The dog slowly walked up to Moose, who was about four times his size. The dog began growling and salivating. They were afraid of the worst: that this vicious uncaged dog had rabies. Moose started to get inpatient, so he took a page from Jack’s book, and started mock-barking the dog. Right then, Moose peered directly into the eyes of the devil-dog and saw the irises expand, revealing large red spots from the back of the eyes. The dog mauled into Moose so fast, Moose did not know what hit him. He did not have a chance to grab a two-by-four. It was not a fight but a slaughter. The dog’s violent mauling happened so quickly, the four could not even get on the ground to start running. As they looked on in horror, Moose became of many and no longer one. The terror of it all shocked the four as they stood isolated, alone, and helpless in their castle playground.
When the dog finished mauling Moose to death, it slowly walked closer to the ten-foot high slide structure and stared at the remaining four as if boasting to what it had done. A chill went down Kathy’s spine, and she spontaneously burst into tears. The crying so loud and helpless as it went around the park. Sally hugged Kathy.
“It’s going to be okay, Kathy. We’ll find a way out of here.”
“No, we won’t,” Carl piped in.
Kathy re-upped on her crying, crying harder and faster.
“Why the fuck did you say that?” Sally whispered to Carl.
As the two looked like they were beginning an argument, the dog barked loud, reminding them it controlled the pace of events and would be the center of all attention.
“Why don’t we rest over here and take a minute to collect our thoughts,” Kathy told Sally as she led her across the wooden path that led to the other side of the slide structure. Carl stood up to walk with them but was cut off.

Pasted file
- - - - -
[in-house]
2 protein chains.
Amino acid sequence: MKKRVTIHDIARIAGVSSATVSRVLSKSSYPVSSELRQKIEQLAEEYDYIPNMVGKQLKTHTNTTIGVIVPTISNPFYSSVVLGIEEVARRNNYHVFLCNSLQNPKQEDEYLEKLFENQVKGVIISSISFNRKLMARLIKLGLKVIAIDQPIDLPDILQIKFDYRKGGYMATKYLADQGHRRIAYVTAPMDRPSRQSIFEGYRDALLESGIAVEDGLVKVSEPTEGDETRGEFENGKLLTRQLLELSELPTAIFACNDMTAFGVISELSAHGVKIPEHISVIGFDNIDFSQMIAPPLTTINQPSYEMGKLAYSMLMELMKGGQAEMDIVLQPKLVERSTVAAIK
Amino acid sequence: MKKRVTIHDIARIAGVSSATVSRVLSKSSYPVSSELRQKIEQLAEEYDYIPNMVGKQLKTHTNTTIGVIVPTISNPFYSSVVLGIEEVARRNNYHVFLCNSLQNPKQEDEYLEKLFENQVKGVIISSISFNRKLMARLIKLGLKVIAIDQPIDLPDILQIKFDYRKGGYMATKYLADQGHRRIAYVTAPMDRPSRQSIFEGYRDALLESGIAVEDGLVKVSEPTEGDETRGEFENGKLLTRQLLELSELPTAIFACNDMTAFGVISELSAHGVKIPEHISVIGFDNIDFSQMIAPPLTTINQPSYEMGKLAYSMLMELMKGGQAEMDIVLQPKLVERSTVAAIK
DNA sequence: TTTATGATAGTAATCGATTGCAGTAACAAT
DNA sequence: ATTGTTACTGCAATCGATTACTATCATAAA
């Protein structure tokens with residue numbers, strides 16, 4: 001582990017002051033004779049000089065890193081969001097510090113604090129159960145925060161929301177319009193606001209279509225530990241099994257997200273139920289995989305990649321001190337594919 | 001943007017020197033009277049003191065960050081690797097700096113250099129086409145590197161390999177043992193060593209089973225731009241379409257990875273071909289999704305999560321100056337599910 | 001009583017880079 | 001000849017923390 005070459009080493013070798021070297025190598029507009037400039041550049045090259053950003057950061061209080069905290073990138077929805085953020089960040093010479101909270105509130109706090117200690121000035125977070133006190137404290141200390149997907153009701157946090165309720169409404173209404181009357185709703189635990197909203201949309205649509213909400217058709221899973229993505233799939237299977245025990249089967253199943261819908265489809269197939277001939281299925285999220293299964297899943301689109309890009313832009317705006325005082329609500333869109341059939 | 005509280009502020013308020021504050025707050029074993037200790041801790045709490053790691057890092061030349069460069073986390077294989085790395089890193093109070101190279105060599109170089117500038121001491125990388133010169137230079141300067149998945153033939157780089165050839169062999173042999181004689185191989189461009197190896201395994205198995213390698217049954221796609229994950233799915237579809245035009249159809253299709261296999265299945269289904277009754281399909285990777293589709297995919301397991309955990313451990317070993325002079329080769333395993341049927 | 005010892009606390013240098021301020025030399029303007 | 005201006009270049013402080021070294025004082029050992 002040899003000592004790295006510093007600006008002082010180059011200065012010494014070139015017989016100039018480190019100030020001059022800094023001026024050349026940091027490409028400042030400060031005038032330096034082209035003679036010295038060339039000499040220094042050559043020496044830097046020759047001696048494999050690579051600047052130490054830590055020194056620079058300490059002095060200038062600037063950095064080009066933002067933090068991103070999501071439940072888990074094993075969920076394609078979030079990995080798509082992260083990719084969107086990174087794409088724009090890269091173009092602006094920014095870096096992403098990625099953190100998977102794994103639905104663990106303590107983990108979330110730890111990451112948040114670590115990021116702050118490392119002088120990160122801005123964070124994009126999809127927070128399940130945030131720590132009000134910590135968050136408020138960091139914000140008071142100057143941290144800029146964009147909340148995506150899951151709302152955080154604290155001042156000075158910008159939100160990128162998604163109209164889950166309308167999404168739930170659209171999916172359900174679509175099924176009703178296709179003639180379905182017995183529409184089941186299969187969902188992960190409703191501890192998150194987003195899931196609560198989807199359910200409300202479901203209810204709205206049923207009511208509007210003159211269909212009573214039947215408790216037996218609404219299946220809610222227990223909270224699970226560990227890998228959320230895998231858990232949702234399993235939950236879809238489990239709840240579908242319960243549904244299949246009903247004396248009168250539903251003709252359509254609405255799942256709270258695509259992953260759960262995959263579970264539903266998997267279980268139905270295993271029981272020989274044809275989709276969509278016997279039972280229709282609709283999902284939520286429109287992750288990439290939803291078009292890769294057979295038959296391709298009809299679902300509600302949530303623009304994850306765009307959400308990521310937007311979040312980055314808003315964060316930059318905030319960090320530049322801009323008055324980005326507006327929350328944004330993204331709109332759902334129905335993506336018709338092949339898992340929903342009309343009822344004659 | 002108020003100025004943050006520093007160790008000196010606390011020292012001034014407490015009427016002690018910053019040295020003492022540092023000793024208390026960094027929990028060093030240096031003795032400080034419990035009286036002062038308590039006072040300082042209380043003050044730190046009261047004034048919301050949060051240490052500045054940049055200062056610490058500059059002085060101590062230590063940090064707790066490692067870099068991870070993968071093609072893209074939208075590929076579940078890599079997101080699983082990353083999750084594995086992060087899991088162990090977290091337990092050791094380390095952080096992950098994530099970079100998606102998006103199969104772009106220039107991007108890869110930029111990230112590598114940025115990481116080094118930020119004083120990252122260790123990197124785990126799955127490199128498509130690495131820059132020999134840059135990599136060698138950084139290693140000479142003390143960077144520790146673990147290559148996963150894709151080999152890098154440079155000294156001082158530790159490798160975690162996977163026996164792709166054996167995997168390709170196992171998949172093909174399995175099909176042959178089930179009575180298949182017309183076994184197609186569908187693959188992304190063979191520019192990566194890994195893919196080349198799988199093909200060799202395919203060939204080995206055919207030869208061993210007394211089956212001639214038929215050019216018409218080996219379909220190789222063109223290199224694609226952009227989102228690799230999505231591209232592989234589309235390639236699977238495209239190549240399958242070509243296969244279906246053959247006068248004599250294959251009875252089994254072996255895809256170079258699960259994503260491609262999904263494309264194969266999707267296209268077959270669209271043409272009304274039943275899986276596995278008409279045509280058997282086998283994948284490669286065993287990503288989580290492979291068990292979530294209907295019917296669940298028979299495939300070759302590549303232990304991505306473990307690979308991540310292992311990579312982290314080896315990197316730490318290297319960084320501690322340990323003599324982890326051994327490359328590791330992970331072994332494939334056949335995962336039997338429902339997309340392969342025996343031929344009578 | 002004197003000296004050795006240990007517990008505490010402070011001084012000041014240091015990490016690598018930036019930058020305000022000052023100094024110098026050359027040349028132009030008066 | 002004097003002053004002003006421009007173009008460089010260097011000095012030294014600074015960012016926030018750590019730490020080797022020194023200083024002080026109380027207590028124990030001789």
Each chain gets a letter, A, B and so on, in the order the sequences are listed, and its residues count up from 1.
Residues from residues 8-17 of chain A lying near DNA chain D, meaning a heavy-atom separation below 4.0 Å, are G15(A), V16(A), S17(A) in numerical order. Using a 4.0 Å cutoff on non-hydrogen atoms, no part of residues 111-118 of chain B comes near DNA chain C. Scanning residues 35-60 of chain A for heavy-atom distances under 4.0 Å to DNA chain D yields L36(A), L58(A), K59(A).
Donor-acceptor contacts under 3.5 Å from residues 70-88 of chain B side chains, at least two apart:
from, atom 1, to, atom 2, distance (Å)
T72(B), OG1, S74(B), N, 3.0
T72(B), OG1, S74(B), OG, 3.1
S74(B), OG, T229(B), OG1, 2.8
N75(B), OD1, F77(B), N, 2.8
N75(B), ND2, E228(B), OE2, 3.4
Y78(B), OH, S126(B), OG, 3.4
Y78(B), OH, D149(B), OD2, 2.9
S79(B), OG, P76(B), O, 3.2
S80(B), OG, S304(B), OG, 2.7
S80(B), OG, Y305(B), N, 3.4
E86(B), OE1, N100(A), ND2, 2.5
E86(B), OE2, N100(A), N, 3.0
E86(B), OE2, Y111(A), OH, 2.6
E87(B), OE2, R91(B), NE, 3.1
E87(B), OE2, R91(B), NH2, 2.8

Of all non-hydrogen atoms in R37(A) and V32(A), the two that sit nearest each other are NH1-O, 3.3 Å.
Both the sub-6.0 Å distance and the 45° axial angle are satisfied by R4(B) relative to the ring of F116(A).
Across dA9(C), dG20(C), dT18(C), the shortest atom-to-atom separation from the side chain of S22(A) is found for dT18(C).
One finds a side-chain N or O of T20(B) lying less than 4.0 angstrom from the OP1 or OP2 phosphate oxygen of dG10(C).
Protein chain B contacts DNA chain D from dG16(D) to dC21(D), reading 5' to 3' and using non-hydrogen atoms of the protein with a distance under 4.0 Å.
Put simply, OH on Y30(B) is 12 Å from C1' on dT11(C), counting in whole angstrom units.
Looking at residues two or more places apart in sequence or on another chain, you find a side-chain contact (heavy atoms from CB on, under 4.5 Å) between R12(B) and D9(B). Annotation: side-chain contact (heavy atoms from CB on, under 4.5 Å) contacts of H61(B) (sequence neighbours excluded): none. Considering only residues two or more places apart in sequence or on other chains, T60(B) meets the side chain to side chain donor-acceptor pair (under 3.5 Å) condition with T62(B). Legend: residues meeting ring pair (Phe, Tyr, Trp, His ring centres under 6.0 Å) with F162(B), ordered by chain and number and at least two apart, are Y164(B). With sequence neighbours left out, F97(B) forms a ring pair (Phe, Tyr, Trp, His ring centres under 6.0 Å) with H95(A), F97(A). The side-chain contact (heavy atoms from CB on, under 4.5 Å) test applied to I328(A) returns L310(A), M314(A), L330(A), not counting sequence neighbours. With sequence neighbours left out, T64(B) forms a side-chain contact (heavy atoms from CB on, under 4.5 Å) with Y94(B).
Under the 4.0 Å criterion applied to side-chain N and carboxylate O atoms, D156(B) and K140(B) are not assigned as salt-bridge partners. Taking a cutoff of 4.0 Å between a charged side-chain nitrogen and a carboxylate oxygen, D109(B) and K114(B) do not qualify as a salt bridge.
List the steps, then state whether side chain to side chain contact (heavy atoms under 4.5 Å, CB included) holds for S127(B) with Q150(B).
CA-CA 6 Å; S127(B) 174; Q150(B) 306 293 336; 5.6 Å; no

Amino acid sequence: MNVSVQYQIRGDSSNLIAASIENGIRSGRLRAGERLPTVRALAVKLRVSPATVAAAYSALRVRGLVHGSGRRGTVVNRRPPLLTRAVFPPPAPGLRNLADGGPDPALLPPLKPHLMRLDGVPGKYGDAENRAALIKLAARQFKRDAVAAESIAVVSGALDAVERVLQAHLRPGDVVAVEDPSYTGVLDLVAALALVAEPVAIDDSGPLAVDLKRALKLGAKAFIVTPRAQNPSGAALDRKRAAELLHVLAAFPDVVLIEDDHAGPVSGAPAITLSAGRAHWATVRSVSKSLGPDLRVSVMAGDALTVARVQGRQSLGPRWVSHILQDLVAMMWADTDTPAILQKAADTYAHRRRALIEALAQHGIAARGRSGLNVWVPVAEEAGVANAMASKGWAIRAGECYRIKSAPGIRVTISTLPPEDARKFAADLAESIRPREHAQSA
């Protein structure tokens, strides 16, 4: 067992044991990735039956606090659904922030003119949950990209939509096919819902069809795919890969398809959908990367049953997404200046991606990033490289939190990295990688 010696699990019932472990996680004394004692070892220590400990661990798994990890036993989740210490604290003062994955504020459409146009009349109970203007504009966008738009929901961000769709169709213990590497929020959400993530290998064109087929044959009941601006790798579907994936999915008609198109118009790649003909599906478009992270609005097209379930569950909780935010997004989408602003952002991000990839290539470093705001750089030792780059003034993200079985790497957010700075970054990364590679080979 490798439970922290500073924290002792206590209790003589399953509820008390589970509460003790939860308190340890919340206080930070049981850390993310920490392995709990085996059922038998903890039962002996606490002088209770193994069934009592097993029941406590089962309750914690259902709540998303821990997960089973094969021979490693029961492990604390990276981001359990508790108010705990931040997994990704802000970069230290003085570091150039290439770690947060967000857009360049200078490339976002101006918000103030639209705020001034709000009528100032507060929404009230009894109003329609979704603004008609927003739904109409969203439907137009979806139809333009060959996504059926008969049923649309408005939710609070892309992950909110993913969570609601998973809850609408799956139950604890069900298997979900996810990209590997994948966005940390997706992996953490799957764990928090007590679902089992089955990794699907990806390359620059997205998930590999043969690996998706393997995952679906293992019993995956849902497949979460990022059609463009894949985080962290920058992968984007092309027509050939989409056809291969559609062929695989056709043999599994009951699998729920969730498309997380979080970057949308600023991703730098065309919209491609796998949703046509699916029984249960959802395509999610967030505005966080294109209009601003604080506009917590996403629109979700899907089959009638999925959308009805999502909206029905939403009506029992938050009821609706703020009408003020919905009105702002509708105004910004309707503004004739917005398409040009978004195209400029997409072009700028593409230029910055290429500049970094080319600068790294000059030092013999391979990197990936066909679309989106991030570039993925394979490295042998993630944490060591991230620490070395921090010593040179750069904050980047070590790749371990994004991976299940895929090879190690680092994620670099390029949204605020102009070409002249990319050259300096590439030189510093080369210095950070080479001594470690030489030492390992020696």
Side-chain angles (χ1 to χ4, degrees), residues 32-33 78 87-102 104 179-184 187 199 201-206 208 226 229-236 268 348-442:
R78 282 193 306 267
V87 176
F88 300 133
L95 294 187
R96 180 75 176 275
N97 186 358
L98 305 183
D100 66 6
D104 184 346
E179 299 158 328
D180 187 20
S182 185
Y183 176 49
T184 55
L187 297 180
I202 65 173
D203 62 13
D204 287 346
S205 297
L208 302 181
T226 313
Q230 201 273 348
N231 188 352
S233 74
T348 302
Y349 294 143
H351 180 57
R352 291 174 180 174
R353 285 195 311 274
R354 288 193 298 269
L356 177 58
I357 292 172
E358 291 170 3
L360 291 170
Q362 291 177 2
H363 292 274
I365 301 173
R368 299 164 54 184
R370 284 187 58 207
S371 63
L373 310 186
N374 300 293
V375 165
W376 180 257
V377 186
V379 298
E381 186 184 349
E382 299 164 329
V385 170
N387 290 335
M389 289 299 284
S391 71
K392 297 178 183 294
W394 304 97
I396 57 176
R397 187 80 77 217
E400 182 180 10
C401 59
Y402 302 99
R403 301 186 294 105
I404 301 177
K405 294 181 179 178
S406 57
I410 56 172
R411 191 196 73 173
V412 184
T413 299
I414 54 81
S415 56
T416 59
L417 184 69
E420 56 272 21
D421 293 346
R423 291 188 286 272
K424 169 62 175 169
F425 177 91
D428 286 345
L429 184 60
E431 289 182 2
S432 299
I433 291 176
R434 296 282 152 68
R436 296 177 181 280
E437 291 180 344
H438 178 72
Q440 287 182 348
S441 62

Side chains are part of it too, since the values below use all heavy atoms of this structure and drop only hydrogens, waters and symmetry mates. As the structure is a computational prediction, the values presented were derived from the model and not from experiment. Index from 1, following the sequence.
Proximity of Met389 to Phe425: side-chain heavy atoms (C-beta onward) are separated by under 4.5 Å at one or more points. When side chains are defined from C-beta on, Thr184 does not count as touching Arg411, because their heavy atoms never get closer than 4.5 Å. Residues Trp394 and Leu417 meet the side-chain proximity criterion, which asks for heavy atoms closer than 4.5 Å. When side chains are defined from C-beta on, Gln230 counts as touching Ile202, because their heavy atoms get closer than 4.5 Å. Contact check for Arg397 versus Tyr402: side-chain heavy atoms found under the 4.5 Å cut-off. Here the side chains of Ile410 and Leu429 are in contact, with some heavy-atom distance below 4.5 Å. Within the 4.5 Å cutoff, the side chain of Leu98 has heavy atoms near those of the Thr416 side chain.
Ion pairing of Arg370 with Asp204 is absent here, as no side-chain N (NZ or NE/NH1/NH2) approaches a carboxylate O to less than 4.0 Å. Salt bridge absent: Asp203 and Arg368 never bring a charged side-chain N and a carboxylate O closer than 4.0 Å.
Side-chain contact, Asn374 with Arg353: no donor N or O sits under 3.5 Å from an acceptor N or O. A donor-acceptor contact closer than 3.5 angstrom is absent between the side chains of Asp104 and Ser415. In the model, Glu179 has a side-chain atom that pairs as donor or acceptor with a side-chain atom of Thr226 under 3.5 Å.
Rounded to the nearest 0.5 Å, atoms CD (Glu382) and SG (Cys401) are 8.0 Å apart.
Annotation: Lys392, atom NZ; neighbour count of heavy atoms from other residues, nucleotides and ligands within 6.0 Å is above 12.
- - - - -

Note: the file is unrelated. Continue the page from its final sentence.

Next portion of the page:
“You stay here, Carl. Let us ladies have a breather,” Kathy said.
Kathy and Sally huddled together to formulate a plan for themselves and conspire against Carl.
“What do you suggest we do?”
“I don’t know. This dog is vicious and smart. It seems to learn quickly,” Kathy replied.
“What about Carl? He ran rather rigidly. Do you think...”
“Ssshh. And yes. I do.” Kathy had the voice of a conspirator with a wicked plan.
The two sat there together, huddled for hours as night became day. Dusk was beginning.
Carl stood on the ledge, overlooking the dog. The dog did not seem to look up at Carl but walked around. Carl looked down at it almost in a commandeering way.
“Hey Carl,” Kathy said as she walked up to him. Sally stayed behind, sitting down and waiting for what would happen.
“Do you know what I see? I see a matching two.” Kathy violently shoved Carl over the playground ledge. Carl hit the sand with his chest; his face in the ground.
Surprisingly, the dog did not pounce. The dog kept looking up at Kathy, then looking at Carl as if it was processing and deciding on the next decision.
Carl started laughing. He stood up to look at Kathy.
“How did you know?”
“The weed didn’t make you high. As did the rigid, robotic way you run. And you always seem to be a tad behind in a conversation.”
“No matter. You know the penalty for weed in this city. Death by trial…or death at arrest.”
Carl unexpectedly and picked up a two-by-four. He picked it up and swung as fast as he could at the dog’s head. It was a homerun. The wood slammed hard on the dog’s skull, cracking open the head. The dog stammered backwards as if it was dizzy or even looking drunk, falling backwards onto the ground.
Kathy paused after that. She did not know what to do.
As it fell to the ground, the dog’s head fell off its neck, showing chrome-colored wires and a staggering amount of light emitting diodes inside.
They stared intently as the inside of the dog was not made of blood and bones and what you would expect but wires, sensors, and light emitting diodes. No rotting or stinkiness. It smelled of overheated metal.
Silence permeated the park. No more barking.
“But it was salivating” Sally said, looking at Kathy. No response. All fears of rabies subsided and they puzzled more than feared. The dog’s white coat contrasted oddly with the silver and chrome colored parts inside. The three witnessed clean, shiny circuits, resistors, switches, and transistors that worked seamlessly.